Complete Works continues until March 27th, with the second half of the season — Shakespeare’s Two Gentlemen of Verona — starting on April 8. Tickets for any GLTF production are available by calling (216) 241-6000, by ordering online at www.greatlakestheater.org or by visiting the PlayhouseSquare Ticket Office.

Great Lakes Theatre Festival 411:    

The Spring Season    

The Hanna Theatre    

Great Lakes Theater Festival's An Ideal Husband: An Ideal Complement to Othello

Sir Robert Chiltern (actor, Richard Klautsch, right) seeks advice from Lord Goring (actor, David Anthony Smith, left) in the Great Lakes Theater Festival production of Oscar Wilde's An Ideal Husband. Photo by Roger Mastroianni.

My first inclination when Great Lakes Theater Festival announced their Fall Repertory of Othello and An Ideal Husband was to focus on the differences between the two plays. The first is a tragic, psychological, Shakespearean thriller.  The second, a witty “social comedy” by Oscar Wilde.  However, after seeing the second half of the Fall Rep when Scott’s parents recently visited, I realized they were surprisingly very complementary.

At the heart of both plays are the ideas of trust and truth, how they can be manipulated, and how others react to that manipulation. In Othello, there’s Iago’s manipulations of Othello, which corrupts the title character’s trust in his wife Desdemona with disastrous consequences.  In An Ideal Husband, Sir Robert, a prestigious member of the House of Commons, is trusted by his supporters and his wife, the proper Lady Chiltern, to be the exception to the rule — an upstanding politician without  fault. However, a mistake Sir Robert made as a young politician threatens his success and marriage when the scheming Mrs. Cheveley uses his past to blackmail him into supporting a fraudulent scheme he was planning on denouncing. 

Although there is political intrigue in An Ideal Husband and Othello (much of which can be tied into the current election season), Sir Robert is fortunate to have much better counsel than Othello did in Iago.  And in a nice twist of casting, GLTF company member David Alan Smith portrays both main characters’ confidantes. As Iago, Smith’s standout performance drove the action in Othello with his manipulations and lies. In An Ideal Husband,  Smith humorously plays the charming bachelor Lord Goring who may seem like he only wants to socialize all night (according to his father) and talk about nothing (according to himself), but instead is the voice of brutal honesty and subtle reason that reunites Sir Robert and Lady Chiltern and saves his friend’s career.  Casting the same actor in these two roles was a clever way to connect the overlapping themes in both productions.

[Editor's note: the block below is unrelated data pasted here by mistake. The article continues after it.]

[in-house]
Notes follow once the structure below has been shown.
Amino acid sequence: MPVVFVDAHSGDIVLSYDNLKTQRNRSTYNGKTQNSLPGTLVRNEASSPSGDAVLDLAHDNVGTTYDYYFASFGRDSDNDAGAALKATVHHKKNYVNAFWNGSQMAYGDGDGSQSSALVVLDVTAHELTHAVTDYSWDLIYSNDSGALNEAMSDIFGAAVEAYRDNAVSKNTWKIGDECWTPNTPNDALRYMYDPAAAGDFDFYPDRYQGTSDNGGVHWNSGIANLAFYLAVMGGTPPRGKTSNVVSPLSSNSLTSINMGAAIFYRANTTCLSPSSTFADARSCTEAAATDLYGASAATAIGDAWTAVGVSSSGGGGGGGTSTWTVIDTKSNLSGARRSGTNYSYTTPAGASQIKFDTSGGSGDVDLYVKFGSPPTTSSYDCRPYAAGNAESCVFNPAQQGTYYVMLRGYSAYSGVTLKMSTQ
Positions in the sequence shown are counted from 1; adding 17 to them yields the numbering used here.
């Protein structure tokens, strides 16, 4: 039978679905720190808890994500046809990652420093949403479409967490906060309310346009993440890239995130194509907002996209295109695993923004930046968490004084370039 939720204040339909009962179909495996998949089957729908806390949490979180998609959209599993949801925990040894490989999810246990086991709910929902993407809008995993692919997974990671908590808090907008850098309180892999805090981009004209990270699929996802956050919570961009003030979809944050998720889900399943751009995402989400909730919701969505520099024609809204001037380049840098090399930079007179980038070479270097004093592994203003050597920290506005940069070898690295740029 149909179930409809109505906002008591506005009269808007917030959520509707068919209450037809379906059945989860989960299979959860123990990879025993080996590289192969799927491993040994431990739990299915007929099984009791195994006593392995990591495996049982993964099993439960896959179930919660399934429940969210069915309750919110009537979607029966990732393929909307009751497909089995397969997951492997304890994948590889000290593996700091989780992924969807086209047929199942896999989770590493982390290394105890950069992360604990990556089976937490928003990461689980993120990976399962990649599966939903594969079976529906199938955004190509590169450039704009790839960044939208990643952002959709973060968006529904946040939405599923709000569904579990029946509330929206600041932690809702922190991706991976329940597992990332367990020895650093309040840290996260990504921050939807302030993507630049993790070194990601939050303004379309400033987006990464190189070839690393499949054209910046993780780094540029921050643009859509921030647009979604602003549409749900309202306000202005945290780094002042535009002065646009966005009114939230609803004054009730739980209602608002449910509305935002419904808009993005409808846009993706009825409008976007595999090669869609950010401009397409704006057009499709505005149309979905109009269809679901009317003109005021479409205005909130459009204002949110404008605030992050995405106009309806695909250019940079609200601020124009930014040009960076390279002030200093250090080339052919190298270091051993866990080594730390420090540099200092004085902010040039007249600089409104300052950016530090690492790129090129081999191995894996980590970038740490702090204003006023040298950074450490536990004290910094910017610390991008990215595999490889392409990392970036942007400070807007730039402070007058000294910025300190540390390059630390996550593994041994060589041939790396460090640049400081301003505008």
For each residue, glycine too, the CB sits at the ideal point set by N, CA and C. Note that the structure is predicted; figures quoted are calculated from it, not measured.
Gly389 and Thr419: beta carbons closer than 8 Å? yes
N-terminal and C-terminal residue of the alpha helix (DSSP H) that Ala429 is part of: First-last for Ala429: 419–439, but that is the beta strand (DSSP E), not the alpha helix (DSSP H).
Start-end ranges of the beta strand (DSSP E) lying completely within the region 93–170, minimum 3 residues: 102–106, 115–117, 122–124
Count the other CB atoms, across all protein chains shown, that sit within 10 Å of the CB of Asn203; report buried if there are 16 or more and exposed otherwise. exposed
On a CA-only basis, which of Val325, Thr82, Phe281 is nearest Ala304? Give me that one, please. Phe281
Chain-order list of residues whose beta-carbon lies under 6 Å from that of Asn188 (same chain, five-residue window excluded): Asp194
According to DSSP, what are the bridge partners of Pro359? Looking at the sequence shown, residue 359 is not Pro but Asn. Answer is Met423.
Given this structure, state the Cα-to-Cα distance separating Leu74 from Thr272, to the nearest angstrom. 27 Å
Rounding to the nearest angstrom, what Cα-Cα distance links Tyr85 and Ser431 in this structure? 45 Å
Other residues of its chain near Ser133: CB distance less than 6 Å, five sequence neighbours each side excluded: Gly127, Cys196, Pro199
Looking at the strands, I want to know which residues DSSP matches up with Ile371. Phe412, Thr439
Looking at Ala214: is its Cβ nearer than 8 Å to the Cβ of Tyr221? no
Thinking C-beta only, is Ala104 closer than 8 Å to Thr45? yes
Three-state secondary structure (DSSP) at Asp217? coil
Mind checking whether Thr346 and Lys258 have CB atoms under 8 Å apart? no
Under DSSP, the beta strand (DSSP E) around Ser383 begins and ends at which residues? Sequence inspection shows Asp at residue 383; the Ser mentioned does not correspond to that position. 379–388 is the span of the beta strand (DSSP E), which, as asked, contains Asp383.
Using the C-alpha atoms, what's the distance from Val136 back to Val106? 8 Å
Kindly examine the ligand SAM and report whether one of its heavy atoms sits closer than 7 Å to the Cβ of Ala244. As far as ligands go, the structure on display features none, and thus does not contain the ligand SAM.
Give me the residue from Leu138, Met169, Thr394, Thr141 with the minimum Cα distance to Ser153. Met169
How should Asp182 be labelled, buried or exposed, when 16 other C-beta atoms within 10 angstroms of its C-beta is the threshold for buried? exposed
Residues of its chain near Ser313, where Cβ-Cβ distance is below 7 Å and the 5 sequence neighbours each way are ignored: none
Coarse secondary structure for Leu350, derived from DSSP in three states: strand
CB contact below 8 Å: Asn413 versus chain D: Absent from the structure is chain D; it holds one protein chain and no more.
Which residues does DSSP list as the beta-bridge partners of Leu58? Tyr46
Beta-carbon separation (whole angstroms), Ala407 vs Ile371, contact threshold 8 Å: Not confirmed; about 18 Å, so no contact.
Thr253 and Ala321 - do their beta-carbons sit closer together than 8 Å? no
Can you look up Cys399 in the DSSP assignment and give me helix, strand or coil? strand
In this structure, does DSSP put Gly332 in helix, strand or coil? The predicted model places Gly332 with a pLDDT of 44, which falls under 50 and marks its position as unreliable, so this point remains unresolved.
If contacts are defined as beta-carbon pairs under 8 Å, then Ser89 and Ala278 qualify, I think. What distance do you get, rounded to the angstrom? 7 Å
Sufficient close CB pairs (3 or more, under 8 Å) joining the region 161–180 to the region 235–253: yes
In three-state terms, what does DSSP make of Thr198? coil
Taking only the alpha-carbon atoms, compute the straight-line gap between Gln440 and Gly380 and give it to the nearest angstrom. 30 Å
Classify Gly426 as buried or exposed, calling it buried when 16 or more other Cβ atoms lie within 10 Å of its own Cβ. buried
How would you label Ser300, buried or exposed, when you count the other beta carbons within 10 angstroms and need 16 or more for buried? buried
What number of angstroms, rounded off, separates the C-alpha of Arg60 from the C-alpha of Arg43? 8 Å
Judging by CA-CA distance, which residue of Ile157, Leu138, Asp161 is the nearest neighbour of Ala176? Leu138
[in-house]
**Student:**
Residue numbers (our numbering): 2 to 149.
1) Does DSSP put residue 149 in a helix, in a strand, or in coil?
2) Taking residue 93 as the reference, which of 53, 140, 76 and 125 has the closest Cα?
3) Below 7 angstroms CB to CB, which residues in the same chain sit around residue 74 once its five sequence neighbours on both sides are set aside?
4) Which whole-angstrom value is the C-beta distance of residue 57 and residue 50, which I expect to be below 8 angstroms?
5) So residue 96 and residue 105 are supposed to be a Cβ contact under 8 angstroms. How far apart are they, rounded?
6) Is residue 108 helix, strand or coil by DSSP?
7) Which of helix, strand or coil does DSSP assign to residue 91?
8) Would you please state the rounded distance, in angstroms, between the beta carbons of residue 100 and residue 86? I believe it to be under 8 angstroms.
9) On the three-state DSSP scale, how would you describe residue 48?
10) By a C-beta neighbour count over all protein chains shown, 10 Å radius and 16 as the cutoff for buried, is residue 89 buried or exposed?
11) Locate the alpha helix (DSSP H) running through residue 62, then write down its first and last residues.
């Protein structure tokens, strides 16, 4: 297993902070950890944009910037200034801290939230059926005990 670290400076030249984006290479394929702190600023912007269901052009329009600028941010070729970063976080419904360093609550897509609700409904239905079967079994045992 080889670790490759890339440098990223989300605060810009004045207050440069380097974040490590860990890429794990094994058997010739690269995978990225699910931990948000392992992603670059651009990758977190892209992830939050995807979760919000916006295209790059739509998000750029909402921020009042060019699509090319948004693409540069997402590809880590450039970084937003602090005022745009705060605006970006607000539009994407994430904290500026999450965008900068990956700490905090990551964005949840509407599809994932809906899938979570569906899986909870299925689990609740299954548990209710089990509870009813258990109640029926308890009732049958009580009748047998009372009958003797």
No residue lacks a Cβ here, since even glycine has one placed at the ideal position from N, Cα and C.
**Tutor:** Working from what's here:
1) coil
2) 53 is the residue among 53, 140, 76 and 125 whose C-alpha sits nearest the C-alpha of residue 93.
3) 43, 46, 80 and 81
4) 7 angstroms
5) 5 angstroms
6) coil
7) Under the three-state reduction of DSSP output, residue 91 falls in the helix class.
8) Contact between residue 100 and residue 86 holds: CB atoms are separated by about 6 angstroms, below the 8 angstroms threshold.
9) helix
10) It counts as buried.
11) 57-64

Even without Othello to complement it, the Great Lakes Theater Festival’s production of An Ideal Husband would stand on its own beautifully (and if I had to choose, I actually preferred it). When I walked into the Hanna, I was first struck by the sparseness of the scene. I had partially expected an ornate set inspired by Wilde’s time; rather, four simple columns, a series of steps, a handful of chairs, and a white curtain dressed the stage.  

A simple yet elegant set provided the perfect canvas for GLTF actors Richard Klautsch (as Sir Robert) and Jodi Dominick (as Lady Chiltern) in An Ideal Husband. Photo by Roger Mastroianni.

However, by the end of the first few scenes, I’d argue that Nayna Ramey’s design was more effectively used to tell the story than a period set would have been. The formal, classic simplicity reflected the societal demands for propriety, while the open starkness echoed the unveiling of secrets. To fill the canvas of the set were Jason Lee Resler’s costumes. Each character or couple had its own color note that carried throughout the show — the bright blues and turquoises of Sir Robert and Lady Chiltern, the oranges of Viscount Goring and Mabel Chiltern, the ostentatious fuchsia of Mrs. Cheveley.  

These technical aspects were an excellent foil to the cast’s performances. Sara M. Bruner, who had played the faithful Desdemona in Othello, was cast as Mabel Chiltern, the dizzying and fickle younger sister of Sir Robert who has a particularly shining moment in the last scene when she sums up Wilde’s theme of reality vs impossible idealism.  Richard Klautsch and Jodi Dominick both did excellent jobs capturing the moral dilemmas their characters (Sir Robert and Lady Chiltern, respectively) struggled with.  And Laura Perrotta, a twelve-season veteran of GLTF, portrayed a devious Mrs. Cheveley whose persuasiveness and Machiavellian cunning rivaled Iago’s. In the background, a tableau of footmen set each scene and provided their own ongoing, comedic backstory – a nice touch to the main action.

If you haven’t seen either production yet, Othello runs until this Sunday (10/31) and An Ideal Husband until Saturday (10/30). I’d recommend seeing both for a clever and unexpectedly complementary experience.   Great Lakes Theater Festival will then return in December for A Christmas Carol, and in March and April with The Complete Works of William Shakespeare (Abridged) and Two Gentlemen of Verona.

***

As a side note (which I’ve apparently become fond of making): After Saturday night’s production, Scott, his parents and I stuck around for that night’s installment in GLTF’s Nightcap Saturday series. I’ve been to other Audience Enhancement events at the Hanna, but this was my first time at Nightcap Saturday. I may have been distracted when we walked into the theater or just unobservant, but I have to credit the GLTF staff because I didn’t notice that they had a full band set up in the back corner of the theatre. As the applause from the final bow faded and the house lights came up, the Helen Welch Quartet struck up their jazz and blues covers in the lounge bar. Having the opportunity to relax in our banquette seats right in front of the bar, talk about the show, and enjoy a drink or two was a delightful way to end another night at the Hanna.